feature
Published: 08 August 2018

Why the sky’s the limit for solar energy

The Earth receives enough energy in an hour to power civilization for a year, but making full use of this resource requires solar cells that are highly efficient yet cheap to make and install. Professor Ravi Silva, Head of Surrey's Advanced Technology Institute (ATI) reveals how fourth generation solar cells are the step change needed for wide scale adoption.

Solar cell

The fourth generation solar cells being developed by Professor Silva and his team combine the best of earlier versions: the efficiency benefits of inorganic materials and nanostructures with the convenience and low cost of 'solution-processable' organic polymers. This, Professor Silva believes, could open the door to a solar-powered revolution.

“Solution-processed materials can have thicknesses a thousandth of that of a typical solar cell – more like paint that can be put on a building,” said Professor Silva. “What we are trying to do is to reduce the cost of the material not just a hundredfold, but a thousandfold. And we can reduce the system costs too: instead of a system producing energy at 20 cents per Watt, say, we are trying to reduce it to 2 cents, so that there can be no financial basis for sticking with the current fossil fuels.”

The goal is to create systems which pay for themselves within six months rather than the 20 years needed for current silicon-based PV.

The ATI is currently focused on scaling up its successful prototype systems through two EU-funded programmes SMARTONICS and CORNET, in collaboration with a range of academic and industry partners. In order to bring its innovations to market, the ATI is working with companies such as Tata Steel to investigate ways of integrating large scale solar panels into structural materials.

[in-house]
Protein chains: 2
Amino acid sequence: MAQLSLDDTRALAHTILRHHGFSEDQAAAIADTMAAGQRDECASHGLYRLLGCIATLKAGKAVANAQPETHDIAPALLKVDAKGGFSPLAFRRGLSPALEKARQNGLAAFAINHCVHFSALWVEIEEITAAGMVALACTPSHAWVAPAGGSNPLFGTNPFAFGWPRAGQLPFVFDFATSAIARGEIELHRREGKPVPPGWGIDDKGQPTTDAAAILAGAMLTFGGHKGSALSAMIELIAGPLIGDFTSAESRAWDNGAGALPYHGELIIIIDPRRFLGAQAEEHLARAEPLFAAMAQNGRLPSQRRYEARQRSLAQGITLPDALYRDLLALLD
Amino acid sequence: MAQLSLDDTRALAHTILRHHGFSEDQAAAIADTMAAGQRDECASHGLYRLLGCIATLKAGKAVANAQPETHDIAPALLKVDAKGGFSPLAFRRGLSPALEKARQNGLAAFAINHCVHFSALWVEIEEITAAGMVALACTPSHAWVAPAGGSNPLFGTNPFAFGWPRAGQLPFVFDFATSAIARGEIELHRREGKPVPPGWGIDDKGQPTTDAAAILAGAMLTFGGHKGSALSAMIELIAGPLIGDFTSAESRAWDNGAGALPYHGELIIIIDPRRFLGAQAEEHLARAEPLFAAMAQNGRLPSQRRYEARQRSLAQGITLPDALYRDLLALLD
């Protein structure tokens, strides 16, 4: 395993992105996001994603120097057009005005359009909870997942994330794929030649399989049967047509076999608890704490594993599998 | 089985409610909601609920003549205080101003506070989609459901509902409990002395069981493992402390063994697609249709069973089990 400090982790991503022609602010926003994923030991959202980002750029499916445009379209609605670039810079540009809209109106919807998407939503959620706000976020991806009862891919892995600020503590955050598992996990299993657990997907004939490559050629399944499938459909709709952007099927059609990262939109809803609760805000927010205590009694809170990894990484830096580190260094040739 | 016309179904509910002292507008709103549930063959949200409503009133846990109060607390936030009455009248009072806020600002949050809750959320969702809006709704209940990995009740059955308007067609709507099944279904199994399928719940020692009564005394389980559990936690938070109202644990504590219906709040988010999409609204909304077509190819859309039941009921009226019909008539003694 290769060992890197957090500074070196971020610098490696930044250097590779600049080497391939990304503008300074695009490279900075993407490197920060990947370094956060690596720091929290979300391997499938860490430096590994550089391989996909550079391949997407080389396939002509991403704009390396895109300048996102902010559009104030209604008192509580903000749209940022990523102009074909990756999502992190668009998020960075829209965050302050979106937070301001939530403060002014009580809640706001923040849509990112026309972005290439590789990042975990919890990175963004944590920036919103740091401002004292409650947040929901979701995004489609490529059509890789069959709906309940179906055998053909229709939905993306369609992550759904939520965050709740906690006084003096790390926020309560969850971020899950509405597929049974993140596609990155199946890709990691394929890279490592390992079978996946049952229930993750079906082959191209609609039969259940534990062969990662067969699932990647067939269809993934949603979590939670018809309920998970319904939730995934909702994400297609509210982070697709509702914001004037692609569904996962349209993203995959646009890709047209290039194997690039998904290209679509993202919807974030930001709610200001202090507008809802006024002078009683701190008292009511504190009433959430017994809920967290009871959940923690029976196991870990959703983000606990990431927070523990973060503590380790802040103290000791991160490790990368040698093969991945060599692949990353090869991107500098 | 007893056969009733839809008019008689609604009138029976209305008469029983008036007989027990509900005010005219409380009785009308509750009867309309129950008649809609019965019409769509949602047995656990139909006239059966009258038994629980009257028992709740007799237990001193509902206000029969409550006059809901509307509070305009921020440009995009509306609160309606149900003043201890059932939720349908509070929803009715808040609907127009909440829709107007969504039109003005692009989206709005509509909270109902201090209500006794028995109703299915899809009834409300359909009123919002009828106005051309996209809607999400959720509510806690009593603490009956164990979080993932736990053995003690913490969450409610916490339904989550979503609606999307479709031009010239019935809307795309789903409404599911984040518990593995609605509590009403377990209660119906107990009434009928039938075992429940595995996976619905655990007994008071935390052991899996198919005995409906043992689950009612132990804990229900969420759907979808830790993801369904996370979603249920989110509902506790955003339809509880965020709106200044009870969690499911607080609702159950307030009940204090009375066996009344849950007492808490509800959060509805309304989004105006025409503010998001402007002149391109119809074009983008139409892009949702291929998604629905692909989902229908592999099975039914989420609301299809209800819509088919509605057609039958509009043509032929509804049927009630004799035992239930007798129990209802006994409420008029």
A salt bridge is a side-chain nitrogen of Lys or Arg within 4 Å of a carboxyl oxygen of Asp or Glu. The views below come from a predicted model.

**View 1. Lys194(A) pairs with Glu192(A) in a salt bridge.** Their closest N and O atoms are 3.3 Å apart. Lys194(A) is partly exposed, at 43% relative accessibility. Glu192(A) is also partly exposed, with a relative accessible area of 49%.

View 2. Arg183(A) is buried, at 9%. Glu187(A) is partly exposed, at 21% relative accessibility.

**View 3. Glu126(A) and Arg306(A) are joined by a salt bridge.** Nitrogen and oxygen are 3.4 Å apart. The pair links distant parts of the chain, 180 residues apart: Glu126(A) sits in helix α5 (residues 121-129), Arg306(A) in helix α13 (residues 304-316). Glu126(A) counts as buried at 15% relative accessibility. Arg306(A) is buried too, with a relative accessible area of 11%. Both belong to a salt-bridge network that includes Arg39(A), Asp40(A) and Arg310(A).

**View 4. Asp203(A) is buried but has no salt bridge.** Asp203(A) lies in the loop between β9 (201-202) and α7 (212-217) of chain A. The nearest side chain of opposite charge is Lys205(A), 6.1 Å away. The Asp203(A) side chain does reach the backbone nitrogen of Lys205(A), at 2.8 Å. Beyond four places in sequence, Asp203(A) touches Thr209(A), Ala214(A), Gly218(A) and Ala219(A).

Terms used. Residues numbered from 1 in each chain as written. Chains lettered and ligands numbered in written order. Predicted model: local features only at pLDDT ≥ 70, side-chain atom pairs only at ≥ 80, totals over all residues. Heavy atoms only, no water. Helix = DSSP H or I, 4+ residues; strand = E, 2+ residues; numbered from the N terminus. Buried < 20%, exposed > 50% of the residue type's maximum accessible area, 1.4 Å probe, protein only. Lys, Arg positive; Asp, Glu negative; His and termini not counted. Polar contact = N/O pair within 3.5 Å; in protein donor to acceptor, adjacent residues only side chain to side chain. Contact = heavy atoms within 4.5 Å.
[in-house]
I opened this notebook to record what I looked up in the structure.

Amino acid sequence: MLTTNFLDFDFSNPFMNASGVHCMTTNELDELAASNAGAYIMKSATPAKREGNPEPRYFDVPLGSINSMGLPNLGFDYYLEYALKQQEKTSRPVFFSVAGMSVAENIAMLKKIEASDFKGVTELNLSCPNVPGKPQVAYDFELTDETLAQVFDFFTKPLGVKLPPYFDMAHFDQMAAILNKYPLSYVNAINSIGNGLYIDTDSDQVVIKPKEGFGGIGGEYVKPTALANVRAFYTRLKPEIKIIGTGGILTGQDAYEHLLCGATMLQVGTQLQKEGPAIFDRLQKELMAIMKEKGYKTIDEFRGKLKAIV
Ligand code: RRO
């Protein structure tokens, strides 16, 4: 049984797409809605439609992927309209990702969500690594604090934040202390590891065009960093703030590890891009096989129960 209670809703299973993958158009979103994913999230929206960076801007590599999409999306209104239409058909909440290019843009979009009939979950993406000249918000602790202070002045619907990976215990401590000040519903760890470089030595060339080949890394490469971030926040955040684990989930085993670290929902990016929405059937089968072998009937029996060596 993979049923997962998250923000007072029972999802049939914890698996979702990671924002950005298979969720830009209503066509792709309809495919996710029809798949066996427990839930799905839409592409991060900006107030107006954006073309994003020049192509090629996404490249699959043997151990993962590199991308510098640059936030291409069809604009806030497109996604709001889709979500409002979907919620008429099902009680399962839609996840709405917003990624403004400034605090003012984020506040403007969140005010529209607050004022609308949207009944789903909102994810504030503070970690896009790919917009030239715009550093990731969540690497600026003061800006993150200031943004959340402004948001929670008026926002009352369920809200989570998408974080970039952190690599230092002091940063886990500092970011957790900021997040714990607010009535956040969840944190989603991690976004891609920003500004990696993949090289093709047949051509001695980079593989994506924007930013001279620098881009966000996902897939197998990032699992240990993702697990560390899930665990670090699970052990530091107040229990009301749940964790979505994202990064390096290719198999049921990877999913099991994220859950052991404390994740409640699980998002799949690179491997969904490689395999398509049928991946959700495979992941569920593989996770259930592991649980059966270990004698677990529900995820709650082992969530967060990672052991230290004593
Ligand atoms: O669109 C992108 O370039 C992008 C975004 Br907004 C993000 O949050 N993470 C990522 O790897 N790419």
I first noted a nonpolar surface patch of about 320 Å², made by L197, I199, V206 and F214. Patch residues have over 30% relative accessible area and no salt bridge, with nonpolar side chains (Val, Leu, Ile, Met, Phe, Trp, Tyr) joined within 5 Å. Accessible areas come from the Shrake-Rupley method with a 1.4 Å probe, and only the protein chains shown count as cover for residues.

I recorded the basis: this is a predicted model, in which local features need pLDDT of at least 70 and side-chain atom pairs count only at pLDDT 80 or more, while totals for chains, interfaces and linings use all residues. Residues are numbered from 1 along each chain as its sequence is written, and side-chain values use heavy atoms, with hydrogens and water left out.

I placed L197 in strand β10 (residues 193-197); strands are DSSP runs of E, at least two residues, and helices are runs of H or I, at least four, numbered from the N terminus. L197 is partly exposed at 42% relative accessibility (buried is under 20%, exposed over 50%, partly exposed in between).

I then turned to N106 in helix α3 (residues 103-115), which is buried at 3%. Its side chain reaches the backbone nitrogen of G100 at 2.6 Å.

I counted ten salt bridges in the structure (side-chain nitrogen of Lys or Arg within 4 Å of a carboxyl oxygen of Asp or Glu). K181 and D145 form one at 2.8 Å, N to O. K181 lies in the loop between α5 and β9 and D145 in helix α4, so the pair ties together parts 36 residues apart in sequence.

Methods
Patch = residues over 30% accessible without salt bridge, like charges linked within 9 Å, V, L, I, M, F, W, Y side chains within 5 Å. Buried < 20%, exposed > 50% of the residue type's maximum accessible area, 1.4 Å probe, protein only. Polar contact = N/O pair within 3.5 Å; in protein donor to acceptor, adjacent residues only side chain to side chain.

Professor Silva explained: “Presently the biggest problem we have is that steel facias and roofs are bespoke, and solar cells have to be installed separately on top. If they can both be incorporated into a single unit, as found in BIPV (Building Integrated Photovoltaics Guide), installation is much more economical.”

Another area being explored by the ATI is solution-processed indoor solar PV applications which rely not on sunlight but on energy ‘scavenged’ from the environment.

“There is a lot of energy in the electromagnetic spectrum that is not being used at present simply because we have not chosen to harness it,” said Professor Silva. “In the case of solar PV, the sky is the limit: energy is everywhere, we just need to find efficient means of harnessing it.”

Read a more detailed interview with Professor Silva on the subject, conducted at the 2nd International Conference on Advanced Energy materials at Surrey, and originally published by nanotechweb.org, part of IoP Publishing, in September 2017.

 

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